How to Write a Simple Chatbot (part I)

We’ll be designing basic chatbots in the next few weeks. You learned about these in this week’s readings, so you know you’ve already interacted with a chatbot on your phone, in your home, and probably lots of other places. The bots we’re going to make will be simple, rule-based call-and-response setups, but they’ll be enough to put together a simple explainer for your personal or group blog. Let’s get started!

FIRST: Create an account on (Dexter is a free platform for building chatbots) and log in

First contact

  1. Select a Blank theme and create a new bot (there are lots of possible themes to browse, but we’re starting simple).
  2. Rename your bot (top left) and in the big window, delete all the default code – we’re starting from scratch!
  3. On the first line, enter “+ hi” (don’t use quotation marks, and don’t forget the space)
  4. Hit return, and on line 2 enter “– Hello There!” (again, no quotes and remember the space)
  5. On the right, click the big friendly green button that says “Publish Current Topic”
  6. There’s a phone-shaped window on the right with an entry blank at the bottom. Type in “Hi” – your chatbot should respond “Hello There!

What did you just do? You created a trigger (the + part) and told the chatbot how to react (the part) when it encountered that trigger. It’s a call-and-response, like how when you say “Let’s Go!” people respond “Mountaineers!” This is a rule-based chatbot: It doesn’t really use artificial intelligence to “think,” it just reacts to preprogrammed stimuli.

Now try the following:

  • Tell your chatbot both “hi” and “Hi” and “hi!” – what happens?
  • Tell your chatbot “hello” – what happens? Why?

Does my chatbot hate me?

If “hi” didn’t get you a response, there’s two likely reasons. The code for your chatbot triggers (the code after +) cannot contain either of the following:

  • Capital letters (“+ Hi“)
  • Punctuation (“+ hi!“)
  • Make sure you include a space after the + or – in your code

Look at your code. Does the trigger contain either of those? If so, there’s your problem. Also note that the chatbot responses CAN contain caps and punctuation. Also ALSO note that you can include these when talking to your chatbot, so either “hi” or “Hi” or “”HI!!!!!!!” will work just fine. “Hello” or “Hi there” won’t, however, because right now your chatbot is only coded to respond to versions of “hi”.

Sorry, didn’t get that

As you’ve just seen, chances are users are going to say things to your bot that it’s not prepared for. It’s good practice to have a catch-all response for this.

  1. In your code, hit return twice (to leave a blank line) then add a new trigger: “+ *”
  2. Below that, add an error response such as “– Sorry, I don’t understand that command.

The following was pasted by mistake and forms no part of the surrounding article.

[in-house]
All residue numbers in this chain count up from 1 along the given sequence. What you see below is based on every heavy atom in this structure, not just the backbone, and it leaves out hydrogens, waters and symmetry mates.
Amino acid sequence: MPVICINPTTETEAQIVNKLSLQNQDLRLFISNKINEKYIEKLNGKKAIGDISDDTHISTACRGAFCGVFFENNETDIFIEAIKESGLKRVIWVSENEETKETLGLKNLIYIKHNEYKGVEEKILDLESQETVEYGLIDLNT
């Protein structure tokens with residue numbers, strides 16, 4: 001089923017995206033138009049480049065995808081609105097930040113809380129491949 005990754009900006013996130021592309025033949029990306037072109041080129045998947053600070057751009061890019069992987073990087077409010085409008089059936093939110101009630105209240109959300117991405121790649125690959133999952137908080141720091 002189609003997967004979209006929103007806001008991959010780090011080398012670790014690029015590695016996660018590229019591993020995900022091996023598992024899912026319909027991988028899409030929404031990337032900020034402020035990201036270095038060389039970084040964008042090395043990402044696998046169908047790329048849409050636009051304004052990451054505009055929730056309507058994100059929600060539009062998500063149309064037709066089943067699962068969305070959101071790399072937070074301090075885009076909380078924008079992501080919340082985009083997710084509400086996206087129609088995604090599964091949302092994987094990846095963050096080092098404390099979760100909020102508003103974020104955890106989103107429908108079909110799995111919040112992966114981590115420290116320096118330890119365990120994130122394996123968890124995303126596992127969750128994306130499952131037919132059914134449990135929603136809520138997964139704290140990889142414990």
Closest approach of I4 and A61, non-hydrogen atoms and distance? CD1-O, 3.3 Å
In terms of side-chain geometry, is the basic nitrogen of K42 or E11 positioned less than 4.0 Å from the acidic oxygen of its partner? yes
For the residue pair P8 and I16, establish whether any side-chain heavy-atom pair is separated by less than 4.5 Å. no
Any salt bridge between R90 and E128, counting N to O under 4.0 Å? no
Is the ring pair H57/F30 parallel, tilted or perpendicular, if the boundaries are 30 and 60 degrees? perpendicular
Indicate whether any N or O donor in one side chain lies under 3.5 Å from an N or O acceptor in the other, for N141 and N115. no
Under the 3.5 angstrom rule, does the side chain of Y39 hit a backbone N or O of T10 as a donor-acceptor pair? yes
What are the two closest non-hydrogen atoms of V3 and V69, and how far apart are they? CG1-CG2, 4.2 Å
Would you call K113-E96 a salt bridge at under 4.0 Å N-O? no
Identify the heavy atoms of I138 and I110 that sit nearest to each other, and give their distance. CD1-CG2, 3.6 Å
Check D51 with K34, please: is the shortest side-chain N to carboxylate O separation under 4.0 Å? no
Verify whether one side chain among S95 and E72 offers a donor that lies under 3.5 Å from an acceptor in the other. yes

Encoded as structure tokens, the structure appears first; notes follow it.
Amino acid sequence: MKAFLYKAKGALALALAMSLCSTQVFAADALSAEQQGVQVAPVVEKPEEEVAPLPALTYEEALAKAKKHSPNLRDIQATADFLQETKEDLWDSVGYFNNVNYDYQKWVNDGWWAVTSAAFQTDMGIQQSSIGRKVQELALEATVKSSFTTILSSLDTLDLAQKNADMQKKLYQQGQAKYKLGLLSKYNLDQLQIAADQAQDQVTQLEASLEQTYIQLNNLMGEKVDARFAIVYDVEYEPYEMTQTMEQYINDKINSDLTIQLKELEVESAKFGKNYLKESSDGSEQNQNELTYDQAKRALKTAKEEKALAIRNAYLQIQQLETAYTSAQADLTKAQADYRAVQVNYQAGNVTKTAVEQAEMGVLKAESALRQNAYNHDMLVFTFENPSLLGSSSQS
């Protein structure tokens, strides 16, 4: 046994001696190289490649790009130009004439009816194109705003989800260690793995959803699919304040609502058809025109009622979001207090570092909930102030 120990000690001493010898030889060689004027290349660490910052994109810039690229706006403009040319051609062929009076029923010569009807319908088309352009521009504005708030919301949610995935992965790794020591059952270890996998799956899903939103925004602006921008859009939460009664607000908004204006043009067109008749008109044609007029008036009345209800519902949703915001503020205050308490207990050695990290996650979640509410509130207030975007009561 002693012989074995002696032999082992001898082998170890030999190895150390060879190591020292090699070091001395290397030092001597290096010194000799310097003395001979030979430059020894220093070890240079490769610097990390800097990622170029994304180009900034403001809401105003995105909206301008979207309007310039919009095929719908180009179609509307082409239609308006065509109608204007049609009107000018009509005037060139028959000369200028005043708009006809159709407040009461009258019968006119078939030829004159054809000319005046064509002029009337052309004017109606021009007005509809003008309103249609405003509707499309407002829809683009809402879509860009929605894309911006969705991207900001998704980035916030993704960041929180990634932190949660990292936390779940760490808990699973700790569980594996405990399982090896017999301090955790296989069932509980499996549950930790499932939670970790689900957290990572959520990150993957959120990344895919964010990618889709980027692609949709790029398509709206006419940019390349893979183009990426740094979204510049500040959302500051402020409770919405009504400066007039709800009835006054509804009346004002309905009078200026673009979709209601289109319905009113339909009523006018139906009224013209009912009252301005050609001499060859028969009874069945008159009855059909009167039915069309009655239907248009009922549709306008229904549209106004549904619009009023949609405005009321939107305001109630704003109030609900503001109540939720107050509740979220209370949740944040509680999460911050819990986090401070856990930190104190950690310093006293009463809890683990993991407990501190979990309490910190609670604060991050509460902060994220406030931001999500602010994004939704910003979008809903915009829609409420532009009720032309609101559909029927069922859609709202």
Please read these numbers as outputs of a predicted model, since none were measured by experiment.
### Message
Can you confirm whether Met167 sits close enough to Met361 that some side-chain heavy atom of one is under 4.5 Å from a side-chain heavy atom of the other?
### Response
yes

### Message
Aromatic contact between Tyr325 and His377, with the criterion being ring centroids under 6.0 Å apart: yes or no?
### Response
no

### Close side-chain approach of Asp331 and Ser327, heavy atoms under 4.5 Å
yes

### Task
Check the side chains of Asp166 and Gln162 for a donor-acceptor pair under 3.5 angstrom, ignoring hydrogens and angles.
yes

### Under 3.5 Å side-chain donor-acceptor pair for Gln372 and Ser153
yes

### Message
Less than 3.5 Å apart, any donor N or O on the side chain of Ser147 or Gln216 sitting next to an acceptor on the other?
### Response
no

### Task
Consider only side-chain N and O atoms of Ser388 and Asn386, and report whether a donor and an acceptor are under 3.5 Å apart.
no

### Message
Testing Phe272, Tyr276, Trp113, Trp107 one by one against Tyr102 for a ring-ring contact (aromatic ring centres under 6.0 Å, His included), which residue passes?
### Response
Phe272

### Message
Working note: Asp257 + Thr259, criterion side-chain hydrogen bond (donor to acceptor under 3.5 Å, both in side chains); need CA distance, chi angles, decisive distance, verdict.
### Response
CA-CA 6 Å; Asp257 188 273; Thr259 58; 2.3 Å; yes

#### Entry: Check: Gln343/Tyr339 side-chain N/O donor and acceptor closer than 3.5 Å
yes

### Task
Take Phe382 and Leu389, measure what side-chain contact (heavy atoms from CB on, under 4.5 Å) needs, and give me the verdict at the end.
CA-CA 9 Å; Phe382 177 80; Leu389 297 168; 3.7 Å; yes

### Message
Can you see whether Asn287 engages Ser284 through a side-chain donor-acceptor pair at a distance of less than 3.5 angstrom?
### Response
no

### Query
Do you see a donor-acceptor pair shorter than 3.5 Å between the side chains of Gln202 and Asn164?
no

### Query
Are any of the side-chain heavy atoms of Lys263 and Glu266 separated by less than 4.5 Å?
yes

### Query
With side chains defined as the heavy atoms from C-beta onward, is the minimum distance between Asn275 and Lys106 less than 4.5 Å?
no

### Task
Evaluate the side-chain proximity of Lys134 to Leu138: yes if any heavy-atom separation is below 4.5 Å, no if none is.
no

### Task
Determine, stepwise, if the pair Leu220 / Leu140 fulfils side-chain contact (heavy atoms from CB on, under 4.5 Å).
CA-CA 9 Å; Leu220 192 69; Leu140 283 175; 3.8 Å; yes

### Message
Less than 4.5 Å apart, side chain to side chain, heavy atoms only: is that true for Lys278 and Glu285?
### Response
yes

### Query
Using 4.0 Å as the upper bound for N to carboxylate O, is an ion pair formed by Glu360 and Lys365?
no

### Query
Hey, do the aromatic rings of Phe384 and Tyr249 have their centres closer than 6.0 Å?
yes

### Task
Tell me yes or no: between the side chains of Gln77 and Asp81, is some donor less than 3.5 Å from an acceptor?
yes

3. You’ll have to republish the bot (green button) before you can test out the new code

That asterisk (*) trigger is a wildcard, meaning it stands in for any trigger not specified in your code. Right now, that means anything other than a variation on “hi” will return the catch-all message.

There are other uses for the wildcard operator too:

  • Add it in brackets before or after a trigger to allow additional words – so “+ hi [*]” would recognize both “hi” and “hi there”
  • Bots commonly also recognize requests for help by including the trigger “+ [*] help [*]” (along with a response that gives the user a list of help commands)

Publishing your bot

We’ve tested our bot in Dexter, but it’s not the best way for seeing your work in action. To try it out, we’re going to copy the code to an HTML pastebin that will show what it’d look like in Messenger or on your phone.

  1. Click the green Publish Topic button when your bot is ready
  2. At the top of the screen, click “Deploy” (the paper airplane icon)
  3. You’ll get a window that says “Embed Code” with a block of code under it. Select that code and copy it.
  4. In a new tab, go to
  5. Paste your code in the box and click submit
  6. Go to the link you get and click the chat bubble in the bottom right to activate your bot!
  7. NOTE: In previous classes, we’ve found this often doesn’t work on the first try. If you don’t get the bubble icon (bottom right), try repasting the code and reloading, or republishing the code in rundexter and pasting that. It always works eventually, it’s just weird sometimes.

That’s it! You now have a functioning – if somewhat dull – bot. Next, try building in some additional triggers and responses. What should this bot do? How can you use it to tell a simple story? We’ll do more with this in our next session.

One Response to How to Write a Simple Chatbot (part I)

  1. […] time you learned the basics of making a rule-based chatbot that can respond to some basic triggers (hi, yes, no, maybe, what is the meaning of life). Nifty […]

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